It was a lie. Germany’s nuclear power has been almost entirely replaced by natural gas.
And that’s why emissions refuse to fall…
Far from reducing emissions—or even keeping them the same—for every reactor that is forced to shut down, CO2 emissions rise by 5.8 MT a year.
- That’s the equivalent of filling an NFL stadium to the brim with gas, and setting it on fire.
We’d need to install solar panels on one million homes just to make up for shuttering a single reactor.
Nuclear reactors are extremely efficient, low-carbon sources of energy. In fact, it doesn’t matter whether it’s replacing coal or natural gas…
- Nuclear is nearly 100 percent more effective than any other energy technology at reducing CO2 emissions.
There is simply no achieving net zero without nuclear.
That’s why a letter from scientists at Carnegie, MIT, and Columbia said:
“Continued opposition to nuclear power threatens humanity’s ability to avoid dangerous climate change.”
Or MIT scientists and NASA researchers…
Nuclear “will make the difference between the world missing crucial climate targets or achieving them.”
A report from the United Nations Economic Commission for Europe made it as clear as possible:
“International climate objectives will not be met if nuclear power is excluded.”
Here’s the reality:
- The only countries in the world that have broken the fossil fuel addiction and transitioned to low-carbon power have done so with the aid of nuclear.
That’s why more than a dozen countries have said that nuclear power will play a crucial role in reducing their emissions.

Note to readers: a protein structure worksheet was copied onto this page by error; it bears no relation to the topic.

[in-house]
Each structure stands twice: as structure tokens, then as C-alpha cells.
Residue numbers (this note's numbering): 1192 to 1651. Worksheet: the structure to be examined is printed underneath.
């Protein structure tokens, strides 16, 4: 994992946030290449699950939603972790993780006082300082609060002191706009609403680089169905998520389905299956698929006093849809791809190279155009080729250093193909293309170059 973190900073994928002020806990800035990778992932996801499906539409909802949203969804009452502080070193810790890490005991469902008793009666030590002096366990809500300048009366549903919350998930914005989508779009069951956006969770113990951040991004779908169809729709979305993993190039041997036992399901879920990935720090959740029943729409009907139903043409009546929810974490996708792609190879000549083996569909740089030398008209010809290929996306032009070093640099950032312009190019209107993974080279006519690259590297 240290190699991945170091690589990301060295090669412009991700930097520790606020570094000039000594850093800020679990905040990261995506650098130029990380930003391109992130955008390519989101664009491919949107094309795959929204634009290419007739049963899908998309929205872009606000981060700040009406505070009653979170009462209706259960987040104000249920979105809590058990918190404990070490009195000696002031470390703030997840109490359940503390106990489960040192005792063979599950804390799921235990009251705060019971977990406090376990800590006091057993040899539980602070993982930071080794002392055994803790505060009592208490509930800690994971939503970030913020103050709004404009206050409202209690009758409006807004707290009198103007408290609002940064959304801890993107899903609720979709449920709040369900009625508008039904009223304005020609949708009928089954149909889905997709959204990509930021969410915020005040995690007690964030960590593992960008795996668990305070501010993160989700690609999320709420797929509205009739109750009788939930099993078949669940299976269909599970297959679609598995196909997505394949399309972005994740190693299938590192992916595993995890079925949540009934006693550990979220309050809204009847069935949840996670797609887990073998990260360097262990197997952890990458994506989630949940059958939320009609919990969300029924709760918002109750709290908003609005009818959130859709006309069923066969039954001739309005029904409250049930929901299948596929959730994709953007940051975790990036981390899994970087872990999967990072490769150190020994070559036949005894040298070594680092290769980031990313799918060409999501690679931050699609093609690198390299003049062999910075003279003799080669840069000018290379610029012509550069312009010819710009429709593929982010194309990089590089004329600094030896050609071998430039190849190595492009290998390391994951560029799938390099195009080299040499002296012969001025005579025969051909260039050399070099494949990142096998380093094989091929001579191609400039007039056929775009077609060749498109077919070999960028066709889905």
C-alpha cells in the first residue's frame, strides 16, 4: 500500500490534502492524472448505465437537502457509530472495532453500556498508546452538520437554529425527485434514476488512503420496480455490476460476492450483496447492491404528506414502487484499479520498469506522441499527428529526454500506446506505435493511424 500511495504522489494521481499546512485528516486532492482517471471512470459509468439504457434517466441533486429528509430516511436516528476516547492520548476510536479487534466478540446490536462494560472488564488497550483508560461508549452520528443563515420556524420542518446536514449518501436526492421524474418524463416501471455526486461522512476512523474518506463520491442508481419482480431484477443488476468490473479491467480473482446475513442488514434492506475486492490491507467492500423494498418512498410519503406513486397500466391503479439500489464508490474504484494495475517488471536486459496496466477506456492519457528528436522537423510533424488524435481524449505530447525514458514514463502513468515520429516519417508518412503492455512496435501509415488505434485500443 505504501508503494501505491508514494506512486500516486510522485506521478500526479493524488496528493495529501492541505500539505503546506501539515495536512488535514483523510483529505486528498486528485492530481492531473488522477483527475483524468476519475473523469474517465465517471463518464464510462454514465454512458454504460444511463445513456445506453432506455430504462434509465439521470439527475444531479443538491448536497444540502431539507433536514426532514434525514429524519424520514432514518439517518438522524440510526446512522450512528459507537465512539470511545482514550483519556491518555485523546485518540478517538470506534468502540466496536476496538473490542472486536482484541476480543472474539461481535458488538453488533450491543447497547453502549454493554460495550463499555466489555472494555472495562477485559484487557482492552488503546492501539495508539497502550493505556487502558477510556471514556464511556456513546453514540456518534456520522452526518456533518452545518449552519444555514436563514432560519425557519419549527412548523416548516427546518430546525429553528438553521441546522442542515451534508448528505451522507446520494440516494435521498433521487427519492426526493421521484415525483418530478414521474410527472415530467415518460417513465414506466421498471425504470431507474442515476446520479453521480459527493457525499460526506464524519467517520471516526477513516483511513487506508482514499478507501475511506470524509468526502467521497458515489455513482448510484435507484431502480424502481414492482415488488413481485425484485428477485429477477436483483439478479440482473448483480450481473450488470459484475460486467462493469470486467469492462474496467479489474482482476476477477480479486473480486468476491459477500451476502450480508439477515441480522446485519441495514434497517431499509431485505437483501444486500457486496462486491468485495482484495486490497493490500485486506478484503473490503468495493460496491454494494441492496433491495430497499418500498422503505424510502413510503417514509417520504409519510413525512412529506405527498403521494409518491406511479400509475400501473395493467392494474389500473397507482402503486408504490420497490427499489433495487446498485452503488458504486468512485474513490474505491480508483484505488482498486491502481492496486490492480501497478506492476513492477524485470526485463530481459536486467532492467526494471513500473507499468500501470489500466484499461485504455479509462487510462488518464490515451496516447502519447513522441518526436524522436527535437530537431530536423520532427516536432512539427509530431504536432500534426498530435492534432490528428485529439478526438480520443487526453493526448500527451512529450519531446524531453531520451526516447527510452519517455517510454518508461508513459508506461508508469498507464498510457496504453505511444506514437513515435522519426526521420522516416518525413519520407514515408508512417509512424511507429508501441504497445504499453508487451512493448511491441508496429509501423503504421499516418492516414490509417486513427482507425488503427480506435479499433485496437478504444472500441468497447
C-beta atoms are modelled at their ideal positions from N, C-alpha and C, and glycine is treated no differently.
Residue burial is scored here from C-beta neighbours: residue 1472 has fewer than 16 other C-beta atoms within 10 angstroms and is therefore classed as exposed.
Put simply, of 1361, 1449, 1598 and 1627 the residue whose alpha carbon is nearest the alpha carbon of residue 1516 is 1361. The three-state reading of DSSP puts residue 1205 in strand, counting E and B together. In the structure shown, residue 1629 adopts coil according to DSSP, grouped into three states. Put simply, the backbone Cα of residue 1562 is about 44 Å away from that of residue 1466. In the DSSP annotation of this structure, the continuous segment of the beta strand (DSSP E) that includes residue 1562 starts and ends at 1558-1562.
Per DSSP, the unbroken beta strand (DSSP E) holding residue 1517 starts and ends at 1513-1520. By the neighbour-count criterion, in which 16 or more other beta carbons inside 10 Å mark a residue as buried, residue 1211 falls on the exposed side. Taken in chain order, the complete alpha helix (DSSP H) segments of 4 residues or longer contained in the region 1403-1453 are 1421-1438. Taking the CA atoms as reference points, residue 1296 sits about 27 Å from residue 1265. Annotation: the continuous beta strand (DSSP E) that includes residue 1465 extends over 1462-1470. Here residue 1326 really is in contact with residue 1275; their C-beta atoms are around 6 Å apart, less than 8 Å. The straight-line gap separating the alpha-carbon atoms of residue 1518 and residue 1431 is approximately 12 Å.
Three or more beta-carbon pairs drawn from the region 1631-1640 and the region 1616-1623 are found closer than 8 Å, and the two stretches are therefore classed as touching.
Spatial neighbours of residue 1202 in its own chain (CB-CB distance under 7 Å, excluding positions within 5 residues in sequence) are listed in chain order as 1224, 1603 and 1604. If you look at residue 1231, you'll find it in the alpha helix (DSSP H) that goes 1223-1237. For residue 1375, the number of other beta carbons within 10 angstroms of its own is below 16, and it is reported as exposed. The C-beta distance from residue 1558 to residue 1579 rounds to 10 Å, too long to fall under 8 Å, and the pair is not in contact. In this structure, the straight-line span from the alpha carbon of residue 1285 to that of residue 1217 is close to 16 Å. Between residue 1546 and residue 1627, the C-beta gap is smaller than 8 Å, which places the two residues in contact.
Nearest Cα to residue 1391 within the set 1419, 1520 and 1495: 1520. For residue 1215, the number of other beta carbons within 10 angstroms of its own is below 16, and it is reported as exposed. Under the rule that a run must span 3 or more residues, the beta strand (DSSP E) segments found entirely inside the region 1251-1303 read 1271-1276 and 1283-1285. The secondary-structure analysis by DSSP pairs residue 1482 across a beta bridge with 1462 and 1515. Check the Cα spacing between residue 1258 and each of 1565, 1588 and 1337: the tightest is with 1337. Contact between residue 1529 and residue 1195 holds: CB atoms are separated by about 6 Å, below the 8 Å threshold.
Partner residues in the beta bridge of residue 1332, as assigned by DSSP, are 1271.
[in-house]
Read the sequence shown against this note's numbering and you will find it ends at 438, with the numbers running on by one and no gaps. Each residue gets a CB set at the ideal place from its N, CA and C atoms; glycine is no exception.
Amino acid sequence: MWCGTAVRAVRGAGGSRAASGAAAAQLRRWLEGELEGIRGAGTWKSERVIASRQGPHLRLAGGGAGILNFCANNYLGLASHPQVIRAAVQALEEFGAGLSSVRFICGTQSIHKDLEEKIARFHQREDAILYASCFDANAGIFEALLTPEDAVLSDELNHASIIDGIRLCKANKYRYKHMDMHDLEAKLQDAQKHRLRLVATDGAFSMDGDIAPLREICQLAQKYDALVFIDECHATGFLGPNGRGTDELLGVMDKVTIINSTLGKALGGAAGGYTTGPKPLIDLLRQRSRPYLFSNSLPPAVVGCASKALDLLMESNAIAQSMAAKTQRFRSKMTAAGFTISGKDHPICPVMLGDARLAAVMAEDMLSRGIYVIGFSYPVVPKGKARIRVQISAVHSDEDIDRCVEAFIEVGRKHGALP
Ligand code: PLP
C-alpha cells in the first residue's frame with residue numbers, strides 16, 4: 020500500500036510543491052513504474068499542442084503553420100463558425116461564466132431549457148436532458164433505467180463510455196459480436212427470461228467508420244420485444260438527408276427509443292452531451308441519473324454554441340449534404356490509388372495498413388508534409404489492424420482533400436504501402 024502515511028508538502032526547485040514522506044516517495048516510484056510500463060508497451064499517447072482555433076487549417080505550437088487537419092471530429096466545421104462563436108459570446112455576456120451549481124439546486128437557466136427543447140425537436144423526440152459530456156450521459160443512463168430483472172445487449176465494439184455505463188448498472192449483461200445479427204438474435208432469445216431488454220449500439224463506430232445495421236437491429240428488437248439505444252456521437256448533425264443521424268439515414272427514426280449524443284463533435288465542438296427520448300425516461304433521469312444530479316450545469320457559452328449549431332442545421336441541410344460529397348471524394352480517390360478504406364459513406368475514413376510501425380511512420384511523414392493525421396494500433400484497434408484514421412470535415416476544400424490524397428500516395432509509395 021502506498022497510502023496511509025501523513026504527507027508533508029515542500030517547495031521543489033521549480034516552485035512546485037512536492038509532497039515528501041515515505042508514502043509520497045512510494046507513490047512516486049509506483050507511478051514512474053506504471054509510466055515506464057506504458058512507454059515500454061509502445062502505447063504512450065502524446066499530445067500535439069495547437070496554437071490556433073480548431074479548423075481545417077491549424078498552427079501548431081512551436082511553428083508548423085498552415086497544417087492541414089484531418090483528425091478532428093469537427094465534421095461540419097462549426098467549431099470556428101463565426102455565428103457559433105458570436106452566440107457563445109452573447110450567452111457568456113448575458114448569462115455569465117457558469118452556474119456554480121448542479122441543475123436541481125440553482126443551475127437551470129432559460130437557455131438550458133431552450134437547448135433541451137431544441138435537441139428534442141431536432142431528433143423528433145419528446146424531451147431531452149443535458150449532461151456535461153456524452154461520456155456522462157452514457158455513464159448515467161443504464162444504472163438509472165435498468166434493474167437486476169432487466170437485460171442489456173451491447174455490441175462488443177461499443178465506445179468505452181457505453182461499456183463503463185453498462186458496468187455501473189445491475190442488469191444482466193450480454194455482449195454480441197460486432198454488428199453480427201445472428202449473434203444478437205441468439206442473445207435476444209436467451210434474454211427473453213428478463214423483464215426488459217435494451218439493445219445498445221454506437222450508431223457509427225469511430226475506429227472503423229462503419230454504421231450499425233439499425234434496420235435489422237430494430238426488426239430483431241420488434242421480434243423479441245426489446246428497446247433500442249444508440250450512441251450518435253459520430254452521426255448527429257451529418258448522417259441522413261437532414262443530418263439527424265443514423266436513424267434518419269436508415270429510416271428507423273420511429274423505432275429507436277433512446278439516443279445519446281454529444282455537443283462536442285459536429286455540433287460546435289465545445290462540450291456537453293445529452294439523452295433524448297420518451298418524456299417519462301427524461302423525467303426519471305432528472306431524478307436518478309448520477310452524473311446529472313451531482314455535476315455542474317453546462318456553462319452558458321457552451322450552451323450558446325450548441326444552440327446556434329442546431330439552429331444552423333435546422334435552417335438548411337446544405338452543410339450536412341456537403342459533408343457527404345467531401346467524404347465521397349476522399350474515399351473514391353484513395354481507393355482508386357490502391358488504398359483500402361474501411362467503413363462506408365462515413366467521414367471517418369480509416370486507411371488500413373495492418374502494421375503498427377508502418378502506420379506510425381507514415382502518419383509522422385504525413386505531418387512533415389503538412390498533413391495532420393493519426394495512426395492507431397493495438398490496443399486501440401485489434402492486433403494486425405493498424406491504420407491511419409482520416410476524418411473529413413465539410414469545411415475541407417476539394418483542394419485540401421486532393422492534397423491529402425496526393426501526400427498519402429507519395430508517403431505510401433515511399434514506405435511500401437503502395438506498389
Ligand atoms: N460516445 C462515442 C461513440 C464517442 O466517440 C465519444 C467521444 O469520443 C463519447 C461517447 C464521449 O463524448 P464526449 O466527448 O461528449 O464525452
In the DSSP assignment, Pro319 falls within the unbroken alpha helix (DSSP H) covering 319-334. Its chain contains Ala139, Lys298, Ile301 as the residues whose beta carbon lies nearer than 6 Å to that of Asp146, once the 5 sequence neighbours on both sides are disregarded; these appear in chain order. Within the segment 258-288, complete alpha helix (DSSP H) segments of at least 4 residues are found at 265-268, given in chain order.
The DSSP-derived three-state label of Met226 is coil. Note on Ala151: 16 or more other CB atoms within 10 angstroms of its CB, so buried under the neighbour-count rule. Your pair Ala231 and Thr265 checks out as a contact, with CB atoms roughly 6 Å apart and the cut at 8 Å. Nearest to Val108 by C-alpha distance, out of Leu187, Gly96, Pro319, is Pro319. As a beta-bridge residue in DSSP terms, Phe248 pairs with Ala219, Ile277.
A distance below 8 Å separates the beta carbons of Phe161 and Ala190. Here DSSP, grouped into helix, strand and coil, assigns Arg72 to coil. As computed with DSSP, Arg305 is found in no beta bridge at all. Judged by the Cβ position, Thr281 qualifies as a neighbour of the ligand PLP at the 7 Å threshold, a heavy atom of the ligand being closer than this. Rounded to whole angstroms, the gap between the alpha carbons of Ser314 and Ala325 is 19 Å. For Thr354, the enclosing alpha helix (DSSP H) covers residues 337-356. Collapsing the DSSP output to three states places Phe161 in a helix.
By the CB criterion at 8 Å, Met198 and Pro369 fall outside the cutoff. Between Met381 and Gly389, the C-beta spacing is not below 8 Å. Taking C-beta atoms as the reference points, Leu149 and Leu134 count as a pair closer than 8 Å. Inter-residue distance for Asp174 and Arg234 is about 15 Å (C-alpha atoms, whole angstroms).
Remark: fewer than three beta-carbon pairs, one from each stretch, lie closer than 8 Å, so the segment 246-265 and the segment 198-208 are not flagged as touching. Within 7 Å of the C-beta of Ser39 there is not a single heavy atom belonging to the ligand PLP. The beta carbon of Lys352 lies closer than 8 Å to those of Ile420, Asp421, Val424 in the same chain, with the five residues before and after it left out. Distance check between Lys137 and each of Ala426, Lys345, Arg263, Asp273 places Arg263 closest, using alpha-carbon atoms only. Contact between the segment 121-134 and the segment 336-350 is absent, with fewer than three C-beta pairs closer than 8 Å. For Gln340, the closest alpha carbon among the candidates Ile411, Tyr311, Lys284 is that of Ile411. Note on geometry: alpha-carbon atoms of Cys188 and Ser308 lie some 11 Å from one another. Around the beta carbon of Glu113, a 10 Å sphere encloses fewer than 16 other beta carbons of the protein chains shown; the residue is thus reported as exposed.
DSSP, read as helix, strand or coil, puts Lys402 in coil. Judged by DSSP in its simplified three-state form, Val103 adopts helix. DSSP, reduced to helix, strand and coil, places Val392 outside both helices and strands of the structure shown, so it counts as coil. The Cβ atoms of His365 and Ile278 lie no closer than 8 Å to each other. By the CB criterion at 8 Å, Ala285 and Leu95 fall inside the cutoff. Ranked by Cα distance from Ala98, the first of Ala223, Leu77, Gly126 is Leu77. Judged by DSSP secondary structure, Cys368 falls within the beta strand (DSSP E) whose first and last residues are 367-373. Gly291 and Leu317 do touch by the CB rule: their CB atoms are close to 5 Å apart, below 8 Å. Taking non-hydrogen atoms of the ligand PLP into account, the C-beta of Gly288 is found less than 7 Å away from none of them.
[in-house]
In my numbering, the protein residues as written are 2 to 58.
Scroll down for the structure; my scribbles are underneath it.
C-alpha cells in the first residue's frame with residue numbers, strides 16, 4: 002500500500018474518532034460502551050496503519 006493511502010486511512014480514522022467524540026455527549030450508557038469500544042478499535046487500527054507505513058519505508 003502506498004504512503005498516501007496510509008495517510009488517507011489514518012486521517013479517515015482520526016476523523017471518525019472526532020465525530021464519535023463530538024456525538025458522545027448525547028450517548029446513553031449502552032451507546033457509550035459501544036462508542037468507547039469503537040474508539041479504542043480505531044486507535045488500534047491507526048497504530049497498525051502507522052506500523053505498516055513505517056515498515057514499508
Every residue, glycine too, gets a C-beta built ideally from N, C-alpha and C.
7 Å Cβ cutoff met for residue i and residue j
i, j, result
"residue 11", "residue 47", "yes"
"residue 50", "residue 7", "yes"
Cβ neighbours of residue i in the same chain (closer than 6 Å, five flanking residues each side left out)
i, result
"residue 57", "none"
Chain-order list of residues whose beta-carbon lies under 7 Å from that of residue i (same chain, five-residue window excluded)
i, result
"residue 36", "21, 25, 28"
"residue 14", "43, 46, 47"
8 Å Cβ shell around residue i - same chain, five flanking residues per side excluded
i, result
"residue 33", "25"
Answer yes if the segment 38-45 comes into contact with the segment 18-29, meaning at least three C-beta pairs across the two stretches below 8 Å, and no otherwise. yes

Right now, a giant U-turn is happening around the world to add nuclear—fast—to achieve net zero by 2050.
The question is: How much nuclear does the world need to stay alive?
Nuclear Civilization, or No Civilization
The International Energy Agency says global nuclear capacity needs to increase by 130 percent by 2050 to meet climate change goals.
Their net-zero emissions scenario sees one new plant being added every ten days within a decade.
“In today’s context . . . nuclear power has a unique opportunity to stage a comeback.”
– IEA Executive Director Fatih Birol
The IPCC goes even further. In the eighty-nine scenarios they considered, nuclear generation increases by an average of 250 percent.
That means roughly 1,000 new nuclear plants built in the next twenty-five years.
The Harmony Programme proposes about 1,250 new nuclear plants, to allow for retirements. That would provide 25 percent of electricity around the world, all carbon-free.
Some say we don’t have time for nuclear anymore—”It takes too long to build.” They’re wrong.
South Korea is building plants in four years, and they’ve got eight under construction right now.
If a tiny country can do that, imagine what a mobilization of the entire world would bring about.
An average of twenty reactors per year started up globally from 1975–1985.
A single nuclear reactor produces about 9 TWh of energy a year, and the world uses about 24,000 TWh of energy a year.
- That means if we had kept building the same old plants at the same old pace . . . we would have hit net-zero around 2000.
As it stands, we have thirty years left. And right now, fifty-six reactors are under construction.
For context, that’s more than the net addition of nuclear power since 1985.
More than 300 reactors are planned—and counting.
Avoiding a total climate meltdown is the hardest challenge the world has ever faced.
But with nuclear, we’ll beat it.